Something Smells Fishy
When you stock a pond with minnows those minnows will thrive and grow until they become fully mature adult fish. As most adult fish observed in the same pond vary relatively little in size, we are tempted to infer that they have reached their limit of growth both as individual fish and as a species. But people who started to observe multiple ponds noticed that some ponds tend to produce even larger mature fish.
Eventually we realized that the limitation was not something intrinsic to the fish, but a product of the fish and the pond in which it grows up. So we had the brilliant idea of transferring these fish to larger ponds. Timing is crucial; we must allow each fish to begin its life in the pond which it was born and allow it to grow to the point where it won’t be devoured by the giant fish in the pond which it will later call home. But we must act before the young fish’s brain sends the signal that its size and maturity is sufficient for its environment – lest it will arrive in the new pond without the ability to grow at all.
We discovered that in general, 18 months was the perfect amount of time to satisfy these constraints for the vast majority of fish.
So the fish thrived by this system – for a while. Until we started to realize that the 18 month old fish in our pond were a few inches shorter than they used to be. We tried to figure it out; was it something we were feeding them? Were we not spending enough time reading to our precious caviar? Did we need to let them stick around for 21 months before moving them to the big pond? Thirty months?
We also noticed another problem; the fish we were sending to the big ponds weren’t only smaller, but they weren’t growing in their new environment either. Large-pond dropout rates soared.
We speculated and threw blame; perhaps young fish were getting lazier, perhaps the parents weren’t sitting on their eggs long enough – it wasn’t uncommon for papafish to just swim off with some younger skankfish and leave behind an angry single motherfish.
Many whitefish (the dominant species of fish at the time) speculated it had something to do with all of those black bass (also known as largemouth bass) that had taken over the neighborhood in recent years. This viewpoint was largely tamed thanks to the work and sacrifice of the great Dr. Martin Luther Kingfish.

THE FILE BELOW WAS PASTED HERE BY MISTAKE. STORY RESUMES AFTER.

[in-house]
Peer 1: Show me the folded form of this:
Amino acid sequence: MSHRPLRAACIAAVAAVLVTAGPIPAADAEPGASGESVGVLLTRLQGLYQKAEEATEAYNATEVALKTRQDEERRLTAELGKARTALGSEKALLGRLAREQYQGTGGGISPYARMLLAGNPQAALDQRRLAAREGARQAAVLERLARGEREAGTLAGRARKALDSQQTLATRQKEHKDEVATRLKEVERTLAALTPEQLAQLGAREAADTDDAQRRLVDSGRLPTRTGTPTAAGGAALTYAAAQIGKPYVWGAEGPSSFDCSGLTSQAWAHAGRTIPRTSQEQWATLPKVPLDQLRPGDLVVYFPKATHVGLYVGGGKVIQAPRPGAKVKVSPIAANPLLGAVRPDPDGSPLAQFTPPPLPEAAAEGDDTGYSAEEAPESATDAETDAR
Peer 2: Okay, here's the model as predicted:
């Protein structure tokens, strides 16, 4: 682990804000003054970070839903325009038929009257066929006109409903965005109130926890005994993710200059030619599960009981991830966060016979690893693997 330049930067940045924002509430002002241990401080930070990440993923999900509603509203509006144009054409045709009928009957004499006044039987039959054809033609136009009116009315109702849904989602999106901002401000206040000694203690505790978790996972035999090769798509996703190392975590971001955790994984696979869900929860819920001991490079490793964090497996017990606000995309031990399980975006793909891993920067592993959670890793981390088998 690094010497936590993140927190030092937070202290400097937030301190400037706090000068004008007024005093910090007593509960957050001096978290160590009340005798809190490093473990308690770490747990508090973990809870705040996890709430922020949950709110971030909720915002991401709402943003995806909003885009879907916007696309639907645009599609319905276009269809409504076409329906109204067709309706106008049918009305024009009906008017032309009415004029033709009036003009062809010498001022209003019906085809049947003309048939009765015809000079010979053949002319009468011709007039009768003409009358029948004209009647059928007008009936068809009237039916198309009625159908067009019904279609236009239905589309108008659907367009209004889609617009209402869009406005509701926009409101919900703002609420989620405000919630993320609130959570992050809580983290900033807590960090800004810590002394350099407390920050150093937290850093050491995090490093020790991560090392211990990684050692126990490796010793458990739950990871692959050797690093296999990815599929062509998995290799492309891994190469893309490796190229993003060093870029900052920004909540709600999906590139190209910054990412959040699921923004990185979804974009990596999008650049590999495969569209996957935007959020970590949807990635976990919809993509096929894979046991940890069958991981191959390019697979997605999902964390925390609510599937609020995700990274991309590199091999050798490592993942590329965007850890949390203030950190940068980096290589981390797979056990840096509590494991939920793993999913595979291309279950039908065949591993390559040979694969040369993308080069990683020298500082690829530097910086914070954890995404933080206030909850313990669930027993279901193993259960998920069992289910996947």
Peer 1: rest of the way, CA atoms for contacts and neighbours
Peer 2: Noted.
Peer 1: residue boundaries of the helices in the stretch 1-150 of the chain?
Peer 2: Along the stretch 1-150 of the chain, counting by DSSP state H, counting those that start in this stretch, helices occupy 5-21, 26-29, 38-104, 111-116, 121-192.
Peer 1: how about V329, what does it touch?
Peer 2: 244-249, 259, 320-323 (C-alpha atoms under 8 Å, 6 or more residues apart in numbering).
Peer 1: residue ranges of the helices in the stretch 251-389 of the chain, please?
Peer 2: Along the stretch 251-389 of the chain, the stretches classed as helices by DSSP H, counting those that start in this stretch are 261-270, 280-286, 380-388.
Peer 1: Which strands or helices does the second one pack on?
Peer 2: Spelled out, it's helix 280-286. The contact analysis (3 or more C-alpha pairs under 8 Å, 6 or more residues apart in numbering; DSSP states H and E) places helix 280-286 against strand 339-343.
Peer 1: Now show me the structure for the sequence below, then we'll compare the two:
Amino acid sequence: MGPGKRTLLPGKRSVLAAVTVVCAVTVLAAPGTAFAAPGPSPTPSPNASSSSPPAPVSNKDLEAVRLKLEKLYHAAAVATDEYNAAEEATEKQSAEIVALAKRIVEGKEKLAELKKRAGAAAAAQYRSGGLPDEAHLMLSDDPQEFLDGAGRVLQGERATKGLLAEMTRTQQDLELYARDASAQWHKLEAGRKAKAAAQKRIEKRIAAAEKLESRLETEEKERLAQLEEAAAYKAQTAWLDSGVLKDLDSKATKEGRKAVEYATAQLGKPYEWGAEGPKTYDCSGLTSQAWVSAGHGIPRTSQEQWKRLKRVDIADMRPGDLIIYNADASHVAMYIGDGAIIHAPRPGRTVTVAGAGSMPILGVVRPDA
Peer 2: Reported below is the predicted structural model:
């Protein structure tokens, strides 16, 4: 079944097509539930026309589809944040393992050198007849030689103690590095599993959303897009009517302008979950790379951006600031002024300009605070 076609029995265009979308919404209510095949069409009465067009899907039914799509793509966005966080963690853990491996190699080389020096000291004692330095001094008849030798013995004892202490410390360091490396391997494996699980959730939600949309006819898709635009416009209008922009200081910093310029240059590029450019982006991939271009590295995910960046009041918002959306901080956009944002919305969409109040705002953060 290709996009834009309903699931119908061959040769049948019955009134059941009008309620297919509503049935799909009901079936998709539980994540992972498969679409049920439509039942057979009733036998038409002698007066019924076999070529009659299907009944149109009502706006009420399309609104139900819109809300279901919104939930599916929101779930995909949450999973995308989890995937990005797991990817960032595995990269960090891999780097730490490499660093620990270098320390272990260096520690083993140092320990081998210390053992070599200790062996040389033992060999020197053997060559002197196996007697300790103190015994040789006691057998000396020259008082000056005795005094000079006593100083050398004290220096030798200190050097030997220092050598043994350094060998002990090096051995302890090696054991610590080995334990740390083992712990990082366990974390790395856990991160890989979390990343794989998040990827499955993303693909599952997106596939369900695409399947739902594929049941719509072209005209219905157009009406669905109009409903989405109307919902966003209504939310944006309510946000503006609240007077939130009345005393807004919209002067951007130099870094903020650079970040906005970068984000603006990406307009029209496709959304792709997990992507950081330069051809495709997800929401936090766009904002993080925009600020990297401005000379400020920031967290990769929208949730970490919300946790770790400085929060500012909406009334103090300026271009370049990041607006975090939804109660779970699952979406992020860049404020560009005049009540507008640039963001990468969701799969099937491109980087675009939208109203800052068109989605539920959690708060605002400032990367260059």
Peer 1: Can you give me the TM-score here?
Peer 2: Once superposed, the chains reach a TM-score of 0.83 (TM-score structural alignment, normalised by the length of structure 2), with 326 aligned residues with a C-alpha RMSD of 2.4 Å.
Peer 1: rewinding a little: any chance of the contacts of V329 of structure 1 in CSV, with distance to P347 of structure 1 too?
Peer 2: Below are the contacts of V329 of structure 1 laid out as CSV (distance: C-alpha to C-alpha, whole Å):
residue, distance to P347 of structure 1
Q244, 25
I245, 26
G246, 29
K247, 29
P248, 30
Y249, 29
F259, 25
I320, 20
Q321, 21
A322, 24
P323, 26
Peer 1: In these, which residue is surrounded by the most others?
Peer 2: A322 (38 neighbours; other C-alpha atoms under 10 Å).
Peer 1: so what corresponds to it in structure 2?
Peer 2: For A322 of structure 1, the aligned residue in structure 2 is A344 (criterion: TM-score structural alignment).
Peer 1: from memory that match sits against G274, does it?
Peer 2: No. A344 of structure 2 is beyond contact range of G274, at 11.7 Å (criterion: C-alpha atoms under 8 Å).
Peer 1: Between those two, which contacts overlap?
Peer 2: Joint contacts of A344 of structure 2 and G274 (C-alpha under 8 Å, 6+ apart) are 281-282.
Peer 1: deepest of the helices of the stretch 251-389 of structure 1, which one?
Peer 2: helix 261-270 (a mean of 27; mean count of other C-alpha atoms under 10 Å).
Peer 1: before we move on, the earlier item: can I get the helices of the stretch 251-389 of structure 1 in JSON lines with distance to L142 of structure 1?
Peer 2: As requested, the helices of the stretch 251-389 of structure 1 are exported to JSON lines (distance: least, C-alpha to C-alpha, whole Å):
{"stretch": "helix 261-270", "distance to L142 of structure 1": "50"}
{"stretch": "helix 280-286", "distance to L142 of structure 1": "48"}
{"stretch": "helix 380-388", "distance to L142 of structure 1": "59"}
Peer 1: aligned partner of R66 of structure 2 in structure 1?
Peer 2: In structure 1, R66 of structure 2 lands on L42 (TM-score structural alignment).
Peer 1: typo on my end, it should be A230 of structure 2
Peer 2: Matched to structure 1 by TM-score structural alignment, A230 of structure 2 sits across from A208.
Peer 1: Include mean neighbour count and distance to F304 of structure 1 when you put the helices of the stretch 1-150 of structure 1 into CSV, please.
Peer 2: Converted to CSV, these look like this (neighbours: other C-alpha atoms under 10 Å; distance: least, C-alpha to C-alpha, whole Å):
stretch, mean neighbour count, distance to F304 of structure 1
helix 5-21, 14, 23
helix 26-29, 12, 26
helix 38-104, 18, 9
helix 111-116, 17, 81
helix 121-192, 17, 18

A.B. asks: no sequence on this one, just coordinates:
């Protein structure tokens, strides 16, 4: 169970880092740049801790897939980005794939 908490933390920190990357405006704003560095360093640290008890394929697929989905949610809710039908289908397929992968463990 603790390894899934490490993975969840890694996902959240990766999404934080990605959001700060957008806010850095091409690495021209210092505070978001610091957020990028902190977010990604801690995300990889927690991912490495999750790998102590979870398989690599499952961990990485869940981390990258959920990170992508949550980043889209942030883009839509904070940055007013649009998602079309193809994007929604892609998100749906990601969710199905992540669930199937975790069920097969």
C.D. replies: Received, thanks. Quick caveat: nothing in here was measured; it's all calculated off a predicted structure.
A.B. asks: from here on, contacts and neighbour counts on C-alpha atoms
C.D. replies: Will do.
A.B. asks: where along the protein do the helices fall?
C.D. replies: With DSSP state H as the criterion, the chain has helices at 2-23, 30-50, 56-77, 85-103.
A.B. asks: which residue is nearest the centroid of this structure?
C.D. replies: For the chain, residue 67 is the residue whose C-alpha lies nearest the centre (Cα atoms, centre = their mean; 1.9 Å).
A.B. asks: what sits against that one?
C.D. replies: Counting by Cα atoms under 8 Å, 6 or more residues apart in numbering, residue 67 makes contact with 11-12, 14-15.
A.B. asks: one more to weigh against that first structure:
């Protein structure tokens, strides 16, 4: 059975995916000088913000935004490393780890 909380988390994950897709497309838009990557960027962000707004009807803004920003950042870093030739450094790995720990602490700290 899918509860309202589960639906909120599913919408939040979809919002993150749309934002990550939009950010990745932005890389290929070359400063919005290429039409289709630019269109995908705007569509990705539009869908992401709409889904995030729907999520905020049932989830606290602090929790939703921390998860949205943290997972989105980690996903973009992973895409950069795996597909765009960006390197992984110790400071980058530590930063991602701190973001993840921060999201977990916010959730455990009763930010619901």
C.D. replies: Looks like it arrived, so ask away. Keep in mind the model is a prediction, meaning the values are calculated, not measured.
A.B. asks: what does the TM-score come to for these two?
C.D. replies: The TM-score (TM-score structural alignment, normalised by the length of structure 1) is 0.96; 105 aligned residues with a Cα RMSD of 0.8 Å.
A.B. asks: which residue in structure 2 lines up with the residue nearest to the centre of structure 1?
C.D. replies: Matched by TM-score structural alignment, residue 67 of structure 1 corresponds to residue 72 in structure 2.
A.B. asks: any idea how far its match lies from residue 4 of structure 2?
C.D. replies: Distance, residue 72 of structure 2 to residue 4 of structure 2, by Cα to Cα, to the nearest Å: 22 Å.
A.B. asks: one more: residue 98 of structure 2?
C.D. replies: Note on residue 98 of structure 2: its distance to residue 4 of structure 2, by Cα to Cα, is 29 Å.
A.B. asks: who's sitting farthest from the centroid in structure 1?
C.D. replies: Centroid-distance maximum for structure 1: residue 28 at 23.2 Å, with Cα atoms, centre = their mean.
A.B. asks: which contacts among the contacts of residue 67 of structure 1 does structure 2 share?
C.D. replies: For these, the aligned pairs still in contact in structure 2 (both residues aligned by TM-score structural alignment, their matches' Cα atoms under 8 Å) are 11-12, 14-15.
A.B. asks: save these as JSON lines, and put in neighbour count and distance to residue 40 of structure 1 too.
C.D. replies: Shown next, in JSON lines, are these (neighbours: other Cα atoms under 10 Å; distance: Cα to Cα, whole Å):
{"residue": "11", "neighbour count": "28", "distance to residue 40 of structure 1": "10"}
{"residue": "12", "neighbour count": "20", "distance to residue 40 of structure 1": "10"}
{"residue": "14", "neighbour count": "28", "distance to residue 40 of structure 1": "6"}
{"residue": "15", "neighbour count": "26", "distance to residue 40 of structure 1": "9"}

Or maybe it had something to do with all those fruity rainbow trout that live in the west side of the pond corrupting our young with their flashy scales and hilarious banter.
These were scary times to be a fish.
The problem was that communities grow, but ponds do not. Our natural evolutionary response is to shut off the growth mechanism in our fishy brains earlier than we used to so that we can all fit in the same pond and hopefully not start eating each other like they do in those big scary oceans that grandpafish read about in their newspapers.
The fish banded together and created systems to support and protect the development and well-being of all fish and eventually something wonderful happened.
After years of hard work and suffering, it started raining non stop for days and months. The water rose until an overcrowded pond became a giant lake. Young fish were able to thrive again, and the grownupfish suddenly started to calm their nerves and appreciate each other – even the largemouth black bass – because despite their differences they had survived the scary times together.
But these complicated systems were still and place and in the context of this giant lake the very things that once saved our minnows started to stifle their growth just like the small pond had so long ago.
The fish realized this, largely in part to the disproportionate numbers of black bass in prisons and the achievement gap between adolescent whitefish and black bass in their schools. But at the same time they had great pride in the system – it was a product of their diverse community that saved their lives when they were threatened before. It symbolized everything they had achieved and accomplished and it was a part of who they were as fishkind. Even the rainbow trout respected it despite the fact that they weren’t afforded the same legal status as traditional fish couples.